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Math Help - Solving Heat Equation

  1. #1
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    Solving Heat Equation

    Find a solution to the heat equation,

    \frac{{\partial u}}{{\partial t}}-k\frac{{\partial^2\ u}}{{\partial x^2}}=0

    (k>0 is a constant)
    which takes the form

    u(x,t)=f(x-kt)

    for some f(s) which is twice differentiable in s.

    (Hint: find out the form that f(s) must take by substituting u(x,t)=f(k-xt) into the equation.)

    I...dono what i'm supposed to do. We went over deriving the heat equation in class and proving a solution is unique, but not so much the actual solving part. How do I go about solving such kinds of problems?
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  2. #2
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    The heat equation is generally solved by separation of variables: Assume a solution of the form: u(x,y)=X(x)T(t). That is, a product of a function of x and a function of t. Now, substitute the expression X(x)T(t) into the PDE and obtain separate ODEs in terms of t and x. Solve those ODEs under suitable "well-posed" conditions (boundary and initial conditions) to arrive at a solution. I'd recommend "Basic Partial Differential Equations" by D. Bleecker and G. CSordas. Here's a well-posed problem:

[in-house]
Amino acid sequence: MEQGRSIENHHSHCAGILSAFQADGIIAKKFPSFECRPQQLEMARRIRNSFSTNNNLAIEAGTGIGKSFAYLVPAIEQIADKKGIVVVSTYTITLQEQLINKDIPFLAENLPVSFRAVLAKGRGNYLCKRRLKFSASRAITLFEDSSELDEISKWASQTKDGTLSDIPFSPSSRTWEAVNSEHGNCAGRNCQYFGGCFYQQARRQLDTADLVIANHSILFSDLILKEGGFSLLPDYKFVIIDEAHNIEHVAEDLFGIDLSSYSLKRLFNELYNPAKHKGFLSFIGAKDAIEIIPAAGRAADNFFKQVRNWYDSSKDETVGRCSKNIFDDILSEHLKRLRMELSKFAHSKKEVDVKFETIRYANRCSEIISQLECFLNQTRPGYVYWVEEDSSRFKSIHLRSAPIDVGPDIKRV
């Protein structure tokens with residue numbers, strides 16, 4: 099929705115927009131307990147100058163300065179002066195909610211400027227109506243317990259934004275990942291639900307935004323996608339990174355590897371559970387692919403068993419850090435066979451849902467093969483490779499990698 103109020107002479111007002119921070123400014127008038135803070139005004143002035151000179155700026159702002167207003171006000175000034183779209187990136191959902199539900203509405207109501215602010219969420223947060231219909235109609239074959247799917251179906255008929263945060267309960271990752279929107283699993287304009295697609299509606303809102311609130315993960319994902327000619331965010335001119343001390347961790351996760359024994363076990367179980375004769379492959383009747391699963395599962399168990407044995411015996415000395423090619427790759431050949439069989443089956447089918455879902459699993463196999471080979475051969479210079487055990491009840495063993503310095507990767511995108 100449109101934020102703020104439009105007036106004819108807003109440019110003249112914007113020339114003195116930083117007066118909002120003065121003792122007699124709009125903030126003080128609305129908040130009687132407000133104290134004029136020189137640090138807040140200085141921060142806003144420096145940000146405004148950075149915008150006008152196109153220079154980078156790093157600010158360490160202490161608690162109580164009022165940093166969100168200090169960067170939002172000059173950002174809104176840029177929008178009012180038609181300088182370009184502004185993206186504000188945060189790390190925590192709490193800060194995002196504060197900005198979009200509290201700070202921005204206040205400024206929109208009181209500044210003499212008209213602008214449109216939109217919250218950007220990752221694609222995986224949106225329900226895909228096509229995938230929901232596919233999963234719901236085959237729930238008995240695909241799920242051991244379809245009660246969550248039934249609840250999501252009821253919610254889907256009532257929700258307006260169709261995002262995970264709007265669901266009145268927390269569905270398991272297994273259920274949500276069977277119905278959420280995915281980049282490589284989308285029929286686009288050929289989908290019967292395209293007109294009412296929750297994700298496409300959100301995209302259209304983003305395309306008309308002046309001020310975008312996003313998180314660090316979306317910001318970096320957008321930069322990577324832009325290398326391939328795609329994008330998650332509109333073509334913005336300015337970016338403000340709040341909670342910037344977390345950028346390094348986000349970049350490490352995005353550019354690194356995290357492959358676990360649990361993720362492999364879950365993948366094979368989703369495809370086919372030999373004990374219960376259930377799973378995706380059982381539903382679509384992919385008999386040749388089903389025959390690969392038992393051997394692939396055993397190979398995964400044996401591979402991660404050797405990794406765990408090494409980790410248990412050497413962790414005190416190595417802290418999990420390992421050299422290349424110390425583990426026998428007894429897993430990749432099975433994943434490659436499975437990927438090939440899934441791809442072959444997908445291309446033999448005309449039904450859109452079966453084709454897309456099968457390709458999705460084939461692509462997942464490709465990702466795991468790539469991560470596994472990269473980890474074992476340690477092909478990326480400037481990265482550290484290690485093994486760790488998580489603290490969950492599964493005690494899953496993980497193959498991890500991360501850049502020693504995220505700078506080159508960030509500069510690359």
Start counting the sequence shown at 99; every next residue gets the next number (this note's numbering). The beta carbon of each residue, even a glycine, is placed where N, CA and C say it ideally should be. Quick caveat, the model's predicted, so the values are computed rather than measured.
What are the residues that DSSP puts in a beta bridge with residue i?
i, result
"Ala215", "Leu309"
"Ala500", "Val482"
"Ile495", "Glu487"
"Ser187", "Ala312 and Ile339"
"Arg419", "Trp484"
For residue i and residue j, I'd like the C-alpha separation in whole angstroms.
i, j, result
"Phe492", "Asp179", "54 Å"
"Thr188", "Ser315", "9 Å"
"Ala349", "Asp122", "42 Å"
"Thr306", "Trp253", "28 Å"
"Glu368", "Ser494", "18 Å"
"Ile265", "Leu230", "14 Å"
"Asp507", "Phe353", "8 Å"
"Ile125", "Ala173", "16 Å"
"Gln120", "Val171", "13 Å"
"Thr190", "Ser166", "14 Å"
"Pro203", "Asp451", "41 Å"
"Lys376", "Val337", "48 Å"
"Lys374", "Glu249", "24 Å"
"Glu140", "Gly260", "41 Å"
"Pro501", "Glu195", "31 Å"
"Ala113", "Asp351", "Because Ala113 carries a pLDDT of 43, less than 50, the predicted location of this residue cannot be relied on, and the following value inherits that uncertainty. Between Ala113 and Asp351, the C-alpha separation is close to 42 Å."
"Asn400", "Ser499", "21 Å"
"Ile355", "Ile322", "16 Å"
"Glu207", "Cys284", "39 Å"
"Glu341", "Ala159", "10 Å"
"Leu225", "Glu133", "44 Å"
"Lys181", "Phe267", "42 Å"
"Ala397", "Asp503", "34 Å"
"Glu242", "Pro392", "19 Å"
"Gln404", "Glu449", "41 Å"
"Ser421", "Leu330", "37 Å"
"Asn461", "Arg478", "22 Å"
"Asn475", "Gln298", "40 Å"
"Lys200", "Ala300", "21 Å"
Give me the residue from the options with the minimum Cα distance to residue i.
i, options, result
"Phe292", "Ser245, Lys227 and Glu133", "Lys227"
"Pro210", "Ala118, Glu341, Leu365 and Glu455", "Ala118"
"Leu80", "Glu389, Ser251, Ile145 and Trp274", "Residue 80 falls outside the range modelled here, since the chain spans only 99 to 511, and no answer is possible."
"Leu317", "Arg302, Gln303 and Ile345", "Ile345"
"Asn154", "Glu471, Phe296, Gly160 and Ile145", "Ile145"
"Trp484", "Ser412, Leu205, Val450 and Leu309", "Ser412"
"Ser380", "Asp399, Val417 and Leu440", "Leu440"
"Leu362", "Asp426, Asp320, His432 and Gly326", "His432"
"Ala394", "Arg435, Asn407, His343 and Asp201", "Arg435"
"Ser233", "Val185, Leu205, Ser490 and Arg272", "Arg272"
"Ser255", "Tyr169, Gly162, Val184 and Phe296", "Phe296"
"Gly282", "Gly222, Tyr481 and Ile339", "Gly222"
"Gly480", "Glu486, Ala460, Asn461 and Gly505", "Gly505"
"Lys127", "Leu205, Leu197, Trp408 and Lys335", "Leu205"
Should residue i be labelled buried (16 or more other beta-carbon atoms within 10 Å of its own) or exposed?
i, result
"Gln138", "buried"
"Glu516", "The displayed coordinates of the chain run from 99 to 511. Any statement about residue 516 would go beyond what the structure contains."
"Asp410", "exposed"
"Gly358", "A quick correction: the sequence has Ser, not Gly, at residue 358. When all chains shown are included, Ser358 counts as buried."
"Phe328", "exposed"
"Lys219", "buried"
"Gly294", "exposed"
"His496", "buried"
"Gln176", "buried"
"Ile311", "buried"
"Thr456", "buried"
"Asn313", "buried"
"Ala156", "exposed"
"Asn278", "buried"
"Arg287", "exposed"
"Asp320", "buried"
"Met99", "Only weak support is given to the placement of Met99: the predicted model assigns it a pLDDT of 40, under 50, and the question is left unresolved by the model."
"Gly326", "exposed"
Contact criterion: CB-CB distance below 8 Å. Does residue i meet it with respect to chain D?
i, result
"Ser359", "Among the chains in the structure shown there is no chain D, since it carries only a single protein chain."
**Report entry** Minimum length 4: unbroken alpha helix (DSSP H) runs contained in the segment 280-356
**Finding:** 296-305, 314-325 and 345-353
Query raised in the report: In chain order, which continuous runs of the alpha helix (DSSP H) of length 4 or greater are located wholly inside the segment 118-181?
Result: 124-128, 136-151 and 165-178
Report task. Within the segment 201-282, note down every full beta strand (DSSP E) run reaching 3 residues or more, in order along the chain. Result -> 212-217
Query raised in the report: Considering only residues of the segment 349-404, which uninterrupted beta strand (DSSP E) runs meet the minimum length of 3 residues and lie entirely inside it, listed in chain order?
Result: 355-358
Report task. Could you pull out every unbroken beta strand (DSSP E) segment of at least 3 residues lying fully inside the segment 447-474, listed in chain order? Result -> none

\textbf{D.E.}\quad u_t=ku_{xx}\quad 0\leq x\leq L,\; t\geq 0

    \textbf{B.C}\quad u(0,t)=A(t)\quad u(L,t)=B(t)

    \textbf{I.C}\quad u(x,0)=f(x)

    If you get into PDEs, always try to "pose the problem well" (correctly define the boundary and initial conditions). The style of these will change with the PDE.
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  3. #3
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    Quote Originally Posted by Avitar View Post
    Find a solution to the heat equation,

    \frac{{\partial u}}{{\partial t}}-k\frac{{\partial^2\ u}}{{\partial x^2}}=0

    (k>0 is a constant)
    which takes the form

    u(x,t)=f(x-kt)

    for some f(s) which is twice differentiable in s.

    (Hint: find out the form that f(s) must take by substituting u(x,t)=f(k-xt) into the equation.)
    u_t = -kf'(x-kt) and u_x = f'(x-kt) and u_{xx} = f''(x-kt).

    Substitute that,
    k f'(x-kt) - kf''(x-kt) = 0 \implies f'(x-kt) = f''(x-kt).
    Since x-kt can be made any number is means,
    f ' ( z) = f'' (z) for any number z.
    Thus, f ' (z ) = ae^z \implies f(z) = ae^z + b.
    Thus, f(x-kt) = ae^{x-kt} + b for some constants a,b.
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  4. #4
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    Alright, I see what you did there. That helps enormously, thanks. Although, I have to ask what happened to the negative sign from finding the partial with respect to u during the substitution? Is there something I don't know about that lets us disregard it, or should it still be there?
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